Verdict: Plausible. Besides starters, these are again very average results. Remember that he is ahead by 1 starter overall, and his +1.6 players versus expectations in the later rounds is where he picks up that extra player. In every other category, while he’s a little behind, it’s only by the thinnest of margins. While he does not have any special talent at finding “gems” (as acknowledged by the rest of the league in the Pro Bowl), he does make up the ground he loses early in the draft later on.

Belief #3: The Bears’ Roster is “Behind” Because of Pace’s Trades

So, this survey has only looked at the draft picks Ryan Pace actually made. He has at least an extra starter, but he has fewer role-players on net despite that. Otherwise, he’s almost perfectly average. Note that none of this has taken into consideration the draft picks he gave up in order to be able to make his “average” selections (or, for that matter, the picks he gave up to get Khalil Mack). This is just the picks he made, where he made them, compared to the average results across 32 teams and 6 years.

Remember, however, that because there are basically 254 picks every year (plus or minus a couple), the average NFL team should really get to make 8 picks a year (7.94). That means that Ryan Pace should have had 39.7 selections in the draft, and he actually only made 32. Through 2019, he is behind by 7.7 picks, or almost exactly one full draft.

What does this translate into in terms of outcome?

A perfectly average team’s actual “expected return” on a single year’s draft, regardless of draft position, would be 6.15 players with 3+ year careers, 2.9 players with at least 2+ years as a starter, 5 players with at least 30 games and 6.1 players with at least 15 games. A team should average 0.9 Pro Bowlers a draft.

To be fair, the Khalil’s Mack trade needs to be considered, as well. Add in Khalil Mack as a player across the board on all of those numbers, and the team gains an additional Pro Bowl player, starter, and so on. However, it’s also worth noting that the 2020 draft (which is not even considered in this analysis) is short by 1 first-round pick and 1 third-round pick due to the Mack trade. Thus, the real results relative to Chicago’s draft position should be 33 players with 3+ year careers, 5.4 Pro Bowlers, 16.3 starters for at least 2 years, and 27.3 players with appearances in at least 30 games.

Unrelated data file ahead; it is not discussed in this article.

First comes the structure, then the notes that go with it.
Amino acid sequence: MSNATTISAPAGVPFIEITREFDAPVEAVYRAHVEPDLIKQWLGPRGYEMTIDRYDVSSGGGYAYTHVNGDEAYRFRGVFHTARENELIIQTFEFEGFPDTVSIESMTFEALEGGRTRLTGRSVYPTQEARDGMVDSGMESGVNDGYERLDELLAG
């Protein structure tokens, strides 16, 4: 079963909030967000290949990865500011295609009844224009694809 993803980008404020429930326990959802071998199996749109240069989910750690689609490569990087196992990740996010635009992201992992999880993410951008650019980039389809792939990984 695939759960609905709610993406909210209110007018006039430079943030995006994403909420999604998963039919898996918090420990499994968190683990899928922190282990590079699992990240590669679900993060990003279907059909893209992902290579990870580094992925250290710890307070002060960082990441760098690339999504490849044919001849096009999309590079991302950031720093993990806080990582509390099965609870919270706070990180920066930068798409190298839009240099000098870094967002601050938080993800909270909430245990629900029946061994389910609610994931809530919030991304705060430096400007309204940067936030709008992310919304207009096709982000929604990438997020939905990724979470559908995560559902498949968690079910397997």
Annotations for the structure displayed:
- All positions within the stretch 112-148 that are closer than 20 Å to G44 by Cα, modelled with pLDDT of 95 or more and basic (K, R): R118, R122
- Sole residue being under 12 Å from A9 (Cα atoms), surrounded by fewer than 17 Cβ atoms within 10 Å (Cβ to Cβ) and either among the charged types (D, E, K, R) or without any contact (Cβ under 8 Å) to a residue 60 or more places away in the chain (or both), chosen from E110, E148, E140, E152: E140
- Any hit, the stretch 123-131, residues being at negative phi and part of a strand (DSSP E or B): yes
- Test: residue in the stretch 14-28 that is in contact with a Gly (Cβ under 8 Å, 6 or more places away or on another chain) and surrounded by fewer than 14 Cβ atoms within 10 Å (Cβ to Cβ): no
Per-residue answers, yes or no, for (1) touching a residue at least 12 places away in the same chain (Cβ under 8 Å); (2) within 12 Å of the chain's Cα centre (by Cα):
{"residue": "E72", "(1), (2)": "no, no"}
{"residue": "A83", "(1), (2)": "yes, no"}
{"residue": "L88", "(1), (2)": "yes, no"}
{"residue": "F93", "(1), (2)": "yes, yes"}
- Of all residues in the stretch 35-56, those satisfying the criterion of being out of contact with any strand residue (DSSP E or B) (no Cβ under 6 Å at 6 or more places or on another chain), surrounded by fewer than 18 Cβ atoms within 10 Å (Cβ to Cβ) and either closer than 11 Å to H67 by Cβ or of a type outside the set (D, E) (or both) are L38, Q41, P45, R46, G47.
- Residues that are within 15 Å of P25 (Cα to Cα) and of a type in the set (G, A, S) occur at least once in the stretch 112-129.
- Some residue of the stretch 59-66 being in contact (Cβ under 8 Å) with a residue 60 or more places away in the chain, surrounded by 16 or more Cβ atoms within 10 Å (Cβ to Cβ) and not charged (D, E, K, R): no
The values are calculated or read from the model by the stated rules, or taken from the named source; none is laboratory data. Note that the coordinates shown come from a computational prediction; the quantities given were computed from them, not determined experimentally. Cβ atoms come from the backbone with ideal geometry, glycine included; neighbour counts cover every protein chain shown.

What Pace actually found with all of that draft capital (counting Mack) is 27 players with 3+ year careers, 6 Pro Bowlers, 14 starters for at least 2 years, and 20 players with appearances in at least 30 games. The Bears are therefore short by 6 players with 3+-year careers, they lack 2.3 starters (or at least players who have earned starter roles for at least two years), and they are outright missing 7.3 players who should have made appearances in at least 30 games. In exchange, they are ahead by half of a Pro Bowler.

Verdict: Confirmed. The Bears are essentially behind by one full draft class (more in terms of contributors, less in terms of Pro Bowlers) despite having had prime draft position for four of the first five years of Pace’s tenure. This is because Pace has given up draft picks often to get only average results and because other aspects of team management have not resulted in compensatory picks compared to the rest of the league.

Conclusion

By this point, people have probably made up their minds for better or worse on Ryan Pace. However, for those who are curious, these are what the numbers themselves suggest about how Pace’s drafting compares to typical results from the rest of the league.